I will address some specific vulnerabilities below decks, and what worked well for me.

Saddle Discomfort

Aside from bringing along good shorts and saddle for the 508, I scheduled "hygiene" stops every five hours or so. During that time I cleaned things with Gold Bond Medicated First Aid Wipes. It can by any type of wash cloth. The idea here is antiseptic. Might sting/burn a bit but its only temporary. Then apply Gold Bond Medicated Body Powder to the "stern" and for the mid and aft sections a quality cyclist's lubricant like Chamois Butt'r. The Gold Bond stuff is in any pharmacy or supermarket, and the Chamois stuff you can search for on the Internet. I find Body Glide or Vaseline Petroleum do not work very well.

Ahhh. Now the saddle feels better. I also changed shorts about every 12 hours since that's roughly a double century ride (and because I don't have enough good shorts to change more often). Shorts changes take a long time. At night it will be cool and your legs will get cold, especially if you are at the top of Town's Pass. So make sure your van is organized to change quickly.

Here is how I dealt with the bumpy bad roads (e.g. the second half of the course). I would frequently get out of the saddle and pedal a minute or so. If you stay out of knee-mashing gears, your knees should be ok with this. Mainly it allows the chamois area to breathe a little, have increased blood flow, and takes the pressure off for a little while.

So you do all this stuff and you think you will get by scot free from the usual 508 rider discomfort. Nope. By the second day of the 508 you will experience chafing no matter what. But don't get too uptight. You're way better off than if you had not taken these protective measures. Also, your chafing and soreness doesn't generally get worse beyond a certain point. And whatever happens down there, it will heal pretty fast. This is one time women have less physiological liability than men. I have heard absolute horror stories of things happening to men since most of their "stuff" is external. No need to elaborate here. Despite my many trials and tribulations of the last stretches of the 508, that was one area that was not bothering me so much.


I cannot imagine eating 400-600 calories an hour while cycling and not throwing up. But a lot of guys swear by this. I was fine with about 250-300 calories with a couple of meal stops (e.g., dinner and breakfast) that coincided with a shorts change (kill two birds during one lengthy stop). I recommend lots of non-sweet snacks since I guarantee you will get sick of hammer gel. I still cannot face Apple Cinnamon Hammer Gel. I was happy with baked potatoes (hold the butter and sour cream please!) and tuna sandwiches. Easy to eat on the bike too.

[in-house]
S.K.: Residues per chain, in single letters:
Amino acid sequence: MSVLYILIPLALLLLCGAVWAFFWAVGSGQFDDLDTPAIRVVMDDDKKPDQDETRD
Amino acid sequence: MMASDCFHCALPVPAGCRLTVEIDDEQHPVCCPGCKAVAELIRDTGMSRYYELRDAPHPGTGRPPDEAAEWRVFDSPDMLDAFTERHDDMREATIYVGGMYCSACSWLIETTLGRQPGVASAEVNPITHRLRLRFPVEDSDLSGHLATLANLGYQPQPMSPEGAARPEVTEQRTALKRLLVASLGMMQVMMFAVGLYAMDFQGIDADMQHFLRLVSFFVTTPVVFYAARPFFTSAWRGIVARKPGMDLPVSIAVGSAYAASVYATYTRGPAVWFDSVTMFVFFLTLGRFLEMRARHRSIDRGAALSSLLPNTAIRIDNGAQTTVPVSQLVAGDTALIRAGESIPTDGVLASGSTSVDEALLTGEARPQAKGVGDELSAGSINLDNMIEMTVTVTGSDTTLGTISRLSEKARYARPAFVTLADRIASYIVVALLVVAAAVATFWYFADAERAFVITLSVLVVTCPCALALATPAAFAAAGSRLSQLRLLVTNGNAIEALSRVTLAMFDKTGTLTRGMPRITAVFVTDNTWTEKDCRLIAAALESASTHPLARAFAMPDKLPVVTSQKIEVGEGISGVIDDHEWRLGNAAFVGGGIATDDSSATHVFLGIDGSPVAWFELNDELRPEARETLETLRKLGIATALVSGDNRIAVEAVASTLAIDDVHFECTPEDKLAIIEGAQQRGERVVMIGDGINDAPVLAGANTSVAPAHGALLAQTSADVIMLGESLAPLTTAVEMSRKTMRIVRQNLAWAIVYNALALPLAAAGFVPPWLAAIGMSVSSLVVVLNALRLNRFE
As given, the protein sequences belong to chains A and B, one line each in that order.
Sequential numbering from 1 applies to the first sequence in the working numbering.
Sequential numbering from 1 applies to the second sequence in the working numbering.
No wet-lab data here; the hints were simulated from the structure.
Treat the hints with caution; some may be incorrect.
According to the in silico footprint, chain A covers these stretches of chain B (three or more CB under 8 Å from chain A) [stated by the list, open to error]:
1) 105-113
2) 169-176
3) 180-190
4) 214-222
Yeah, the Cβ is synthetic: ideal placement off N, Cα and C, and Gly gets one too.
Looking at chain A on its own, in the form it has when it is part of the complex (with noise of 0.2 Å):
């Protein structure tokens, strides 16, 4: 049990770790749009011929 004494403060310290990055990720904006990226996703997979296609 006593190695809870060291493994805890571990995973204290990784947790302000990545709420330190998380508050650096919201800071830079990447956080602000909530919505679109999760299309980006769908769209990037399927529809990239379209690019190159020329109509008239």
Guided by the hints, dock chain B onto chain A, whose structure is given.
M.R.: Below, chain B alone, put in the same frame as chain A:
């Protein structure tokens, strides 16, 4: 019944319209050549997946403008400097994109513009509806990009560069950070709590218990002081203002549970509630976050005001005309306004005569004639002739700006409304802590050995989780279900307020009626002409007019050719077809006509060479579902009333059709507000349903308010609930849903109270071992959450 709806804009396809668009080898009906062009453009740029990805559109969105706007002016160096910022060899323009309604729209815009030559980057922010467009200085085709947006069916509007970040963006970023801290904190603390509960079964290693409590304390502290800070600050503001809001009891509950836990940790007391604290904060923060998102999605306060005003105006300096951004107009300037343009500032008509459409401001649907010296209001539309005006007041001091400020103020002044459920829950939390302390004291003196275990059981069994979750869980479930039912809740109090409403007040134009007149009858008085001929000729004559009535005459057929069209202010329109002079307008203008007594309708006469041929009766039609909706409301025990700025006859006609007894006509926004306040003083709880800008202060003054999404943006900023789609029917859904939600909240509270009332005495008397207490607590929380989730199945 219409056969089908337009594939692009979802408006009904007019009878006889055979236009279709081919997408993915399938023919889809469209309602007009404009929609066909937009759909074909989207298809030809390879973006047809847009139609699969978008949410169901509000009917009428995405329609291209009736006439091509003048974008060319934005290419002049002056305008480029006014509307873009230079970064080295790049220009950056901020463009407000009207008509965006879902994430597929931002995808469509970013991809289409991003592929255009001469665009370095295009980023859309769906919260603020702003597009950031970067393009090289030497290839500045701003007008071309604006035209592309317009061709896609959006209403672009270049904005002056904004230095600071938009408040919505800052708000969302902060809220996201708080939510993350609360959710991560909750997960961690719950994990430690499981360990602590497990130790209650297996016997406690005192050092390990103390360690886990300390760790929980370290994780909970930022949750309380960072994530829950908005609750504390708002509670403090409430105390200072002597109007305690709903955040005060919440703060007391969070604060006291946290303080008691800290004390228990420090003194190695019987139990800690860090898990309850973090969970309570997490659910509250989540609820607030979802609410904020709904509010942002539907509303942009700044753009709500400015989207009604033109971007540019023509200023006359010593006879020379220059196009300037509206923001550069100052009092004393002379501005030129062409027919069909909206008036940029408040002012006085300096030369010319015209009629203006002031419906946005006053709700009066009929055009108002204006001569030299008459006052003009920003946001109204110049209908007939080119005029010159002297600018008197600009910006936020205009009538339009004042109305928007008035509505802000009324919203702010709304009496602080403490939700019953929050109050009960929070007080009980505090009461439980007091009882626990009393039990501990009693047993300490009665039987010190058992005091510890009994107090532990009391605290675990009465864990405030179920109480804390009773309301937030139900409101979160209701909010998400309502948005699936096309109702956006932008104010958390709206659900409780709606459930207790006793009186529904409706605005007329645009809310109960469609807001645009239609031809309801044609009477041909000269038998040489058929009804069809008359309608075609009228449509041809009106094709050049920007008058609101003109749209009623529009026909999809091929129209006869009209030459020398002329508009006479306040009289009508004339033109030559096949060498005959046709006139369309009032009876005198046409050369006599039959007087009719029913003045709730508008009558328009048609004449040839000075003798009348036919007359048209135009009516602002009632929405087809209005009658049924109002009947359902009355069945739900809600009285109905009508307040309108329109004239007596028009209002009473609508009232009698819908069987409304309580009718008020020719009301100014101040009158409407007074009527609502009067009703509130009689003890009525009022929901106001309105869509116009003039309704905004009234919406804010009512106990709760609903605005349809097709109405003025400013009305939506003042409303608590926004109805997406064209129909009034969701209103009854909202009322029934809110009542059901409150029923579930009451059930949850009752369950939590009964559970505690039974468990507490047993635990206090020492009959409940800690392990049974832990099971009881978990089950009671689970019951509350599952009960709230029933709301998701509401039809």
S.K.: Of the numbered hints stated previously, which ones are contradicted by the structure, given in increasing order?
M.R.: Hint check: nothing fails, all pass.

One thing I did NOT do was to watch my sodium intake (regrets, regrets!). I ended up developing hyponatremia. It took me weeks after the 508 to figure this out (I read an article about it in the RAAM cycling bulletin). This can easily happen because typical cycling foods (e.g., sports drinks) do not have a lot of sodium.** No need to be morbid on the subject. Since it is hard to quantify your exact needs during the 508, here are two simple rules that work for me.

  1. Watch out for nausea. Eat a stack of saltines or a big ol' burrito with cheese immediately.
  2. Eat a stack of saltines or a big ol' burrito with cheese anyway if you're wondering what to have for breakfast in Baker or middle of the night snack in Furnace Creek or top of Town's Pass. 

The symptoms of hyponatremia include bloating (because you are actually over-hydrated), and not sweating (if it's daytime, the sun will feel like a branding iron on your skin). Plus you will start to become very fatigued. This is hard to detect, because if you are going to be fatigued—at least by 300 miles of riding, Keep on taking electrolytes every hour. This is something your crew should keep track of: whatever food you eat, electrolyte capsules, and sports drink and when. By Sunday, they will be able to make better judgments than you will on how much you should be taking in. So they will end up "nagging" you on this. LISTEN TO THEM!

Dealing with the Menstrual Cycle